Guillain-Barre syndrome

CASES/YEAR
6,300 (US); 126,000 (Global)
CATEGORY
Immune-Related
AGENT TYPE
Other
OTHER NAMES
GBS; Acute inflammatory demyelinating polyneuropathy (AIDP); Acute infective polyneuritis; Postinfectious polyneuritis;
ACUITY
Acute-Severe
INCUBATION
7 days to 6 weeks
INITIAL SYMPTOMS
Ascending paralysis (leg weakness that "ascends" into the arms); paresthesias; loss of reflexes; 3 main features are: 1.) Acute onset; 2.) Elevated CSF protein; 3.) At least partial recovery; [Cecil, p. 2492-3]
PRECAUTIONS
Standard; "Not an infectious condition." [CDC 2007 Guideline for Isolation Precautions]
COMMENTS
FINDINGS:
Guillain-Barre syndrome (GBS) is the most common cause of acute paralytic disease in young adults. The illness begins with symmetrical weakness of the legs that ascends proximally over subsequent days and weeks to cause respiratory paralysis in severe cases. The arms and both sides of the face are frequently affected. Sensory symptoms are mild, but some patients complain of back and radicular pains. Patients often have autonomic nerve involvement with hypotension, hypertension, arrhythmias, and sweating abnormalities. In addition to typical GBS (85% of cases), other types are chronic inflammatory demyelinating polyneuropathy (13%), polyneuritis cranialis (1%), and Miller-Fisher syndrome (1%). Polyneuritis cranialis involves the cranial nerves only, and Miller-Fisher syndrome is an acute illness with ophthalmoplegia, areflexia, ataxia and some weakness. [ID, p. 1342] Limb weakness reaches its lowest point within 4 weeks. About 20-30% of patients will require mechanical ventilation. [5MCC-2020] About 5-10% of patients will require mechanical ventilation. [Merck Manual, p. 1983]

PRECIPITATING CAUSES:
It is often associated with a preceding infection: CMV, EBV, HIV, hepatitis C, Mycoplasma pneumoniae, Chlamydia psittaci, Lyme disease, and (most commonly) Campylobacter jejuni. Other precipitating factors are vaccination, surgery, malignancy, and other stressful events. [ID, p. 1342] GBS is a complication of C. jejuni infection (1 case per 2000 infections); it occurs 2-3 weeks after C. jejuni gastroenteritis. About 20-50% of GBS cases are caused by C. jejuni. [PPID, p. 2655]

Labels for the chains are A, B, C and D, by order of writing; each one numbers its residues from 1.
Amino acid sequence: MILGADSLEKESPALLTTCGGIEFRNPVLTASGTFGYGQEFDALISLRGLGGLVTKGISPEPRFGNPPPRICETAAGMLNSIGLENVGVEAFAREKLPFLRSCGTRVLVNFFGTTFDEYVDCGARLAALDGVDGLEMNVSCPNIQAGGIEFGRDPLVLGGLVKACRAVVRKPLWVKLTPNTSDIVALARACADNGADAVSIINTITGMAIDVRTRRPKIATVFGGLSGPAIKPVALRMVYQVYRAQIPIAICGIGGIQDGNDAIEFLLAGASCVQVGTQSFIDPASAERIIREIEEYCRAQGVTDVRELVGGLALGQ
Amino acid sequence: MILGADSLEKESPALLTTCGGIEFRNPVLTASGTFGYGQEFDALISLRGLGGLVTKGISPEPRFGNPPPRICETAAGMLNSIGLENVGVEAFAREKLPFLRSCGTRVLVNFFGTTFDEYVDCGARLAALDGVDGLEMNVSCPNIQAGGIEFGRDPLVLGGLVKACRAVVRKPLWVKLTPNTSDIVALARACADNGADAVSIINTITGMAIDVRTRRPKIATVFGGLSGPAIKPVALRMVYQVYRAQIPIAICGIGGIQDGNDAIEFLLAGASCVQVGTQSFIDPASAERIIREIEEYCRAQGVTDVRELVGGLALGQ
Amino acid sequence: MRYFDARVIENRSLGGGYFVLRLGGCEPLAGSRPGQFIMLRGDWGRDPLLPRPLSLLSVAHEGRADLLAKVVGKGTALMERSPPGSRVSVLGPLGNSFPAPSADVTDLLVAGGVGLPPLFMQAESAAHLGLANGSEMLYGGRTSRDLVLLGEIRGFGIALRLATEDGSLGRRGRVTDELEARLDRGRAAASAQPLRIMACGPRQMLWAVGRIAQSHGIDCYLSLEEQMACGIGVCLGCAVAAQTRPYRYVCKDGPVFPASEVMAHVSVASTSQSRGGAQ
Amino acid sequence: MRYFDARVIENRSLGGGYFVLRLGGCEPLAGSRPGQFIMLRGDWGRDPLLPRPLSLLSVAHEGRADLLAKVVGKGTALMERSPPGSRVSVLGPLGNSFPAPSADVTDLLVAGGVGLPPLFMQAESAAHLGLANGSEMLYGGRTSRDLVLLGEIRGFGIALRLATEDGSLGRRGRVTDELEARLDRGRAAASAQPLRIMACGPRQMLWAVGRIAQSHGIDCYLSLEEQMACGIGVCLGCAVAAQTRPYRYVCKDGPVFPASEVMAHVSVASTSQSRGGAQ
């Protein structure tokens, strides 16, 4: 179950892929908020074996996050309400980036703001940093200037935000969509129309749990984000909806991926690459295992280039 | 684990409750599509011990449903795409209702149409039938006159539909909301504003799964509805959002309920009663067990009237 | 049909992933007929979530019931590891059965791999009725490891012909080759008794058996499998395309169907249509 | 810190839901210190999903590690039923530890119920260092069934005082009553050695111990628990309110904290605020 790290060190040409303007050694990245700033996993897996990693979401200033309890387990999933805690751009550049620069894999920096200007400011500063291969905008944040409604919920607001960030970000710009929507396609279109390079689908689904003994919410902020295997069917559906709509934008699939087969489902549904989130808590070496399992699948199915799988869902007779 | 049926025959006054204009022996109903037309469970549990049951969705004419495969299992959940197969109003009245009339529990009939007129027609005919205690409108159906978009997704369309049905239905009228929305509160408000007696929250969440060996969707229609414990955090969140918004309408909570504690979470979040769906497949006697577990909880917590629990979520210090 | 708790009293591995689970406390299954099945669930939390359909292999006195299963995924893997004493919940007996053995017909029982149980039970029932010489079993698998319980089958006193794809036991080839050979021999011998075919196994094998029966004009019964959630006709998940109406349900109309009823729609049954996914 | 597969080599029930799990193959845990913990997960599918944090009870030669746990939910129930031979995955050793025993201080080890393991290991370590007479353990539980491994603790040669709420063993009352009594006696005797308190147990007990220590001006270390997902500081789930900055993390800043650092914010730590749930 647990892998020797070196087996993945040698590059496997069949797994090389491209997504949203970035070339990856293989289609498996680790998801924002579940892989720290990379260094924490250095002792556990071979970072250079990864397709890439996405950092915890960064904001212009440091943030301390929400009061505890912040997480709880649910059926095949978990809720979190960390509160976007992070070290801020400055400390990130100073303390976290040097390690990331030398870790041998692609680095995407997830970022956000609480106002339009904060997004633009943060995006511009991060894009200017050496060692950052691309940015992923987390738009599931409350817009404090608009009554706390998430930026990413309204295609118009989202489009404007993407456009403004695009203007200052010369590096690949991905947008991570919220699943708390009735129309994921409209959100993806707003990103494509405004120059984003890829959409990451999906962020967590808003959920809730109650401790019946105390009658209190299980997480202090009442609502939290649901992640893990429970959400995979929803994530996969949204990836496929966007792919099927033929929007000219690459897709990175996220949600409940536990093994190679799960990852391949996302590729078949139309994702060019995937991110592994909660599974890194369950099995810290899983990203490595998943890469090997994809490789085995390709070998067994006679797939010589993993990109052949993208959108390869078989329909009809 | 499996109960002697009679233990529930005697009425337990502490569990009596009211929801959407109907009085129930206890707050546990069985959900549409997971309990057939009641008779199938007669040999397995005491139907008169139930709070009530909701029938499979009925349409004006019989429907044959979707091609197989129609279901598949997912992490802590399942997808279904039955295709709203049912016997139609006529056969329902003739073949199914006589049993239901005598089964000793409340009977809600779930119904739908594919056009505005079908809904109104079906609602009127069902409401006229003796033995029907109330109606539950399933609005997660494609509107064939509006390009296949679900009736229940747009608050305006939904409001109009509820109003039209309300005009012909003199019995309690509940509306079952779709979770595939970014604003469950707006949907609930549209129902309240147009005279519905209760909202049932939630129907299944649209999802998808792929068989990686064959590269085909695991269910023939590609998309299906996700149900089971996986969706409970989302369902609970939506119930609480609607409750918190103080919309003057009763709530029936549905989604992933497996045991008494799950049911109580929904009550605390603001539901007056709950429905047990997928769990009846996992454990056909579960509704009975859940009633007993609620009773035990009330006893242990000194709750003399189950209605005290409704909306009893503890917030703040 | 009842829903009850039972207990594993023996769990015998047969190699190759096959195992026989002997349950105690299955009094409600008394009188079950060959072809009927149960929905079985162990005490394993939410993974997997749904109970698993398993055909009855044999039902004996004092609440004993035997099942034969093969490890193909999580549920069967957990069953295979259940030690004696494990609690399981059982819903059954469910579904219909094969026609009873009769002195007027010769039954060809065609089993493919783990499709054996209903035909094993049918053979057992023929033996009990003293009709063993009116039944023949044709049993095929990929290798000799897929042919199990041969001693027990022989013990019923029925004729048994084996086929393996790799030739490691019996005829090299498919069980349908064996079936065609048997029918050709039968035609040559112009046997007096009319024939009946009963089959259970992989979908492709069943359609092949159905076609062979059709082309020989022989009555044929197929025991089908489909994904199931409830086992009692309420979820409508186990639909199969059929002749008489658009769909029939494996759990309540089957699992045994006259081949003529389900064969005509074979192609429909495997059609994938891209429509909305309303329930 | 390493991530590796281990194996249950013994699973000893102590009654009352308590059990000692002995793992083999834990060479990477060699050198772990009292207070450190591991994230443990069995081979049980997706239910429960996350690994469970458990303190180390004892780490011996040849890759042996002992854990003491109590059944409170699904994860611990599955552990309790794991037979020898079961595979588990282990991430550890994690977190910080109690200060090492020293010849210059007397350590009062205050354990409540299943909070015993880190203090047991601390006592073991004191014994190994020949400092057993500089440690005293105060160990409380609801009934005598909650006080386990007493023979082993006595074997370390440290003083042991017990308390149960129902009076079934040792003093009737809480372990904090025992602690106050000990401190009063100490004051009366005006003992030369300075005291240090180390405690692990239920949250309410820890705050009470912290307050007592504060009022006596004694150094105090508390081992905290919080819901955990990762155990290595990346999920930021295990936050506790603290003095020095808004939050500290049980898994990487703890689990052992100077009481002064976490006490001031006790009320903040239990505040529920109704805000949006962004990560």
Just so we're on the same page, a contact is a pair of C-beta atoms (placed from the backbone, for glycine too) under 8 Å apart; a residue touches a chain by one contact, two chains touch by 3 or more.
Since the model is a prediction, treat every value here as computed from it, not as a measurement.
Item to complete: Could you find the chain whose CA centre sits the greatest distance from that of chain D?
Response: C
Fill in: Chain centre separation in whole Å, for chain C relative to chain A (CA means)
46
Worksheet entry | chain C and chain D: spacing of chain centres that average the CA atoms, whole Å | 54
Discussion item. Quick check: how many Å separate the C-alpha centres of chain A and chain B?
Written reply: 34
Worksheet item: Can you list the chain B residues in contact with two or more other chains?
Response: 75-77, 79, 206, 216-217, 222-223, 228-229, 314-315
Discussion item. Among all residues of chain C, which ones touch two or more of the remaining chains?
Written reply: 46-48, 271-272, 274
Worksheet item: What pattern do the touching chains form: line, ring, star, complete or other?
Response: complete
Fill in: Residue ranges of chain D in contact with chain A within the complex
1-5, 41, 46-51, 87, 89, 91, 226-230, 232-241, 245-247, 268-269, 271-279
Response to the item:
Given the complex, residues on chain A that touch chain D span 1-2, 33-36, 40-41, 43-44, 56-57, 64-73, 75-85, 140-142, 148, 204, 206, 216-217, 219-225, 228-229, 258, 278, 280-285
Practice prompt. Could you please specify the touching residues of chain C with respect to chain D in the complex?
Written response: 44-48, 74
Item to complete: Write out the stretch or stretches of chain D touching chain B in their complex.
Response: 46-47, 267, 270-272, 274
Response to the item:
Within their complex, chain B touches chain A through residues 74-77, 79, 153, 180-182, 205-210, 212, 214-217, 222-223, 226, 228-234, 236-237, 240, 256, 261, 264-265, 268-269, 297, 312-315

DIFFERENTIAL DIAGNOSIS:
GBS is to be distinguished from Lyme disease, transverse myelitis, myasthenia gravis, botulism, diphtheria, poliomyelitis, advanced HIV infection, West Nile encephalitis, hypokalemia, toxic neuropathy, tick paralysis, porphyria, and toxin-induced syndromes from ingestion of fish or shellfish. [ID, p. 1342] The onset of ascending paralysis is rapid (24-48 hours) in tick paralysis, compared to slower onset (days to weeks) in GBS. [PPID, p. 3522t] "If the CSF cell count is greater than 50 WBCs/ml, another diagnosis, such as HIV infection or Lyme disease should be considered." [Cecil, 24th Ed, p. 2401]
DIAGNOSTIC
Clinical; Nerve conduction (slowing and segmental demyelination in 2/3 of patients); CSF: elevated protein but normal WBC count (CSF may be normal in first week and remains normal in 10% of patients); [Merck Manual, p. 1983]
SCOPE
Global
SIGNS & SYMPTOMS
  • E dysphagia
  • N muscle weakness
  • N paresthesia
  • *cranial neuropathy
  • *paralysis
  • *peripheral neuropathy
ANTIMICROBIC

No

VACCINE

No

ENTRY
Ingestion, Needle (Includes Drug Abuse), Scalpel or Transfusion, Skin or Mucous Membranes (Includes Conjunctiva), Sexual Contact
SOURCE
Person-to-Person, Human Fecal-Oral, Animal Excreta, Eating Contaminated Food, Eating Contaminated or Infected Meat, Eating Unpasteurized Milk or Cheese, Waterborne (Ingesting, Inhaling, or Swimming)
RESERVOIR
Birds and Poultry, Cattle, Goats and Sheep, Cats, Dogs, Horses, Rodents, Swine, Human, Wild Animals
RISK FACTORS
  • AIDS patients
TREATMENT
Measure forced vital capacity (FVC) to monitor for respiratory compromise (FVC <15 mL/kg). [Merck Manual, p. 1983]
DRUG LINK
REFERENCES FOR CASES/YEAR
1. (US) 1.2-3 cases per 100,000; [Gorbach, p. 286] Calculate: 2.1 x 3000 = 6300;
2. (Global) 20 X US cases/yr;